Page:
What: The NFL has become more popular in the Mexican market, creating a great business opportunity. An example of this is the game between the Oakland Raiders and the Houston Texans, which will be played in Mexico in November 2016.
Why It Matters: In 2015, the NFL brought in US $1.2 billion in revenue, a 4.4% increase from 2014, according to the consulting firm IEG. The vast majority of these revenues came from the the U.S. However, countries like Mexico where audiences love football are high growth opps for the NFL. The popularity of the NFL in Mexico represents a huge marketing opportunity for sponsors, who benefit from the exposure and association with a powerful brand.
For the NFL, Mexicans represent the largest market in the world outside of the United States. This was obvious when 100,000 seats to the game between the Houston Texans and the Oakland Raiders, to be held at Azteca Stadium on November 21, sold out in minutes.
In 2015, the NFL brought in US $1.2 million in revenue, a 4.4% increase since 2014, according to the consulting firm IEG.
The company officially reached Mexico 15 years ago. It has 15 official sponsors like Kanorte, Bridgestone, Pepsi, Bud Light, Gatorade, Sabritas, Dove, Dodge and Lala, to name a few, which cover the $15 million that it costs, on average, to put on an NFL game outside of the United States.
On average it costs US$ 15 million to put on an NFL game outside of the United States.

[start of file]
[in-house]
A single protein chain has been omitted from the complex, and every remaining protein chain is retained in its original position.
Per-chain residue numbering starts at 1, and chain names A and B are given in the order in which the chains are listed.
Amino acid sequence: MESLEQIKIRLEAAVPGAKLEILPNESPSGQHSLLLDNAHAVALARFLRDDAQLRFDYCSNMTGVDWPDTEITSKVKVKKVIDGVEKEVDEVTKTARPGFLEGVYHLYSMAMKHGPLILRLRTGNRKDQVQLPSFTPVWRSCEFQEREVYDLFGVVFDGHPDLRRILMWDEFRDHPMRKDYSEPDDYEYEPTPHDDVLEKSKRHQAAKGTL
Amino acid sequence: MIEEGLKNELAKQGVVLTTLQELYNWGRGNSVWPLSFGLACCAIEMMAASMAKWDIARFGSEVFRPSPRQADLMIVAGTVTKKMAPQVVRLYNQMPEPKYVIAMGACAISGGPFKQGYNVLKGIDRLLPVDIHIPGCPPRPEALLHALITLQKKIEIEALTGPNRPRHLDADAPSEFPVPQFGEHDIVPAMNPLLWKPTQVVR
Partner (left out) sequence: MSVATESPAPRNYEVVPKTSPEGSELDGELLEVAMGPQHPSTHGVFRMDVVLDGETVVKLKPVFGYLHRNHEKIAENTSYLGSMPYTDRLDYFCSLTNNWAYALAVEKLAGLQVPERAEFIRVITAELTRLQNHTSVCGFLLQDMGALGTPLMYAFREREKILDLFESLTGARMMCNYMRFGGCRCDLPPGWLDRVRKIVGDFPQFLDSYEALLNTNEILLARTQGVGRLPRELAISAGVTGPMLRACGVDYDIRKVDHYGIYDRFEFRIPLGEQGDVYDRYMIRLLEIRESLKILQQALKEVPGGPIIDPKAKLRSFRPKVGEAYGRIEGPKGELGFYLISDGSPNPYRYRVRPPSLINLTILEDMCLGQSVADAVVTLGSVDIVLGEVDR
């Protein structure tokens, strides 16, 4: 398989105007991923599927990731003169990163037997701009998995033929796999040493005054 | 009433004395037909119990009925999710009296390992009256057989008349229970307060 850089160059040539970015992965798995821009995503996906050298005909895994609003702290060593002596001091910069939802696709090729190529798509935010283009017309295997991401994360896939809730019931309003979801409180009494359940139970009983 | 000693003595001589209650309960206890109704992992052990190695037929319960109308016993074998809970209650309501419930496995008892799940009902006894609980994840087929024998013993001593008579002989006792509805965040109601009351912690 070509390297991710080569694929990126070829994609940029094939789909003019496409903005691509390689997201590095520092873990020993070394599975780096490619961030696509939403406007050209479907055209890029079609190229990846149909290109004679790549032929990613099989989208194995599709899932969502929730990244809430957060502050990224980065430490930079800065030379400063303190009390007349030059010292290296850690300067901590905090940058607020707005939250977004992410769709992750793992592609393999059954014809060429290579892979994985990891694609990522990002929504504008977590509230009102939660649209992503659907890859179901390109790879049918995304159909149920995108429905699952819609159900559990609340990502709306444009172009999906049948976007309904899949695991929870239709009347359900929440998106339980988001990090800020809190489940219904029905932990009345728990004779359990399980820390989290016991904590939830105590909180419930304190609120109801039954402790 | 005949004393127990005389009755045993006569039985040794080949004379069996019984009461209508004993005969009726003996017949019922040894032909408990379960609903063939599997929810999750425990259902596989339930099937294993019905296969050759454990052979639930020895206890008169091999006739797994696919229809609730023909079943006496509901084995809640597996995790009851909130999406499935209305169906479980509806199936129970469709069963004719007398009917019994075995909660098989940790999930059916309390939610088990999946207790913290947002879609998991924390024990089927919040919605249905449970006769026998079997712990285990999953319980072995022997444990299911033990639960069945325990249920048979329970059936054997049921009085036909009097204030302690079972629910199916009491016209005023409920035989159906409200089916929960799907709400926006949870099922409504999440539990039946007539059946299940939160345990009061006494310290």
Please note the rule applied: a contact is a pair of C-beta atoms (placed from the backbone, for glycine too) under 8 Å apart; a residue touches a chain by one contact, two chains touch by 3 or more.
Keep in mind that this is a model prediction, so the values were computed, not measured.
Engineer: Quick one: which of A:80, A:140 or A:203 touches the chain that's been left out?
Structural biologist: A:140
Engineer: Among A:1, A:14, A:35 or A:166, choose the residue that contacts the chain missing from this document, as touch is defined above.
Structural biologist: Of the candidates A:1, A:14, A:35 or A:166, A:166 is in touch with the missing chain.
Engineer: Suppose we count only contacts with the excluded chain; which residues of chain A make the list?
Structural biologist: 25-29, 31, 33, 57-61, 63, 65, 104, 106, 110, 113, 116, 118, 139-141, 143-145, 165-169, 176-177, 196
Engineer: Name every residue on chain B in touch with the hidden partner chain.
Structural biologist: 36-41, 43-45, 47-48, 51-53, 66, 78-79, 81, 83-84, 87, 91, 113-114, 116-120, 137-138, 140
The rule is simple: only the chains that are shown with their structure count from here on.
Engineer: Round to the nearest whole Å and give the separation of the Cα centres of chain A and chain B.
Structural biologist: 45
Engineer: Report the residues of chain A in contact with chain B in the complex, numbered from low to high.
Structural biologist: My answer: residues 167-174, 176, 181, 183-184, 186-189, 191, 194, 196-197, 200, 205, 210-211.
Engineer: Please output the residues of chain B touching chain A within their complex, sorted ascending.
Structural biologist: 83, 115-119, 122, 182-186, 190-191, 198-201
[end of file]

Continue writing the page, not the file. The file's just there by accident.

The popularity of the NFL in the United States and Mexico represents a huge marketing opportunity for sponsors, who benefit from the exposure and association with a powerful brand.
Nonetheless, the American newspaper The Wall Street Journal published research conducted by the consulting firm FanLab, which looked at brand recognition among followers of three sports leagues: the MLB (baseball), car racing (NASCAR) and American football (NFL), and the results didn’t look good for football. NFL fans could only name 1.6 brands or categories associated with that sport, far below the 2.1 that baseball fans recognized, and just less than a third of those that NASCAR fans could follow.
The challenge for sponsors will be to obtain the best return on investment. “NFL ratings definitely create brand exposure, but the return on investment and brand recognition are more related to the activations that each sponsor conducts,” warns Navarro. “Brands need to be smart in how they take advantage of the benefits of their partnerships, particularly when sponsoring something like the NFL, which isn’t cheap. The majority of sponsors develop a multiplatform activation to leverage the partnership.”
To sponsorships and ticket sales the NFL adds the revenues from broadcasting rights and product sales (merchandising) to obtain total revenues.
Javier Salinas, a specialist in sports marketing and the Director of Sports at Grupo Expansion, considers that the NFL in Mexico “has stagnated, because it isn’t taking the Mexican fan into account. Their business model is to win without investing. The sponsors pay for it.”
“If you have millions of Mexicans that are consuming your product and over 10 years you never brought them a game, from a marketing perspective, it shows great ignorance, and from a social point of view, it shows a lack of respect,” he adds.
The NFL will play three official games in England next October, a month before traveling to Mexico.
With information from Gabriela Gutiérrez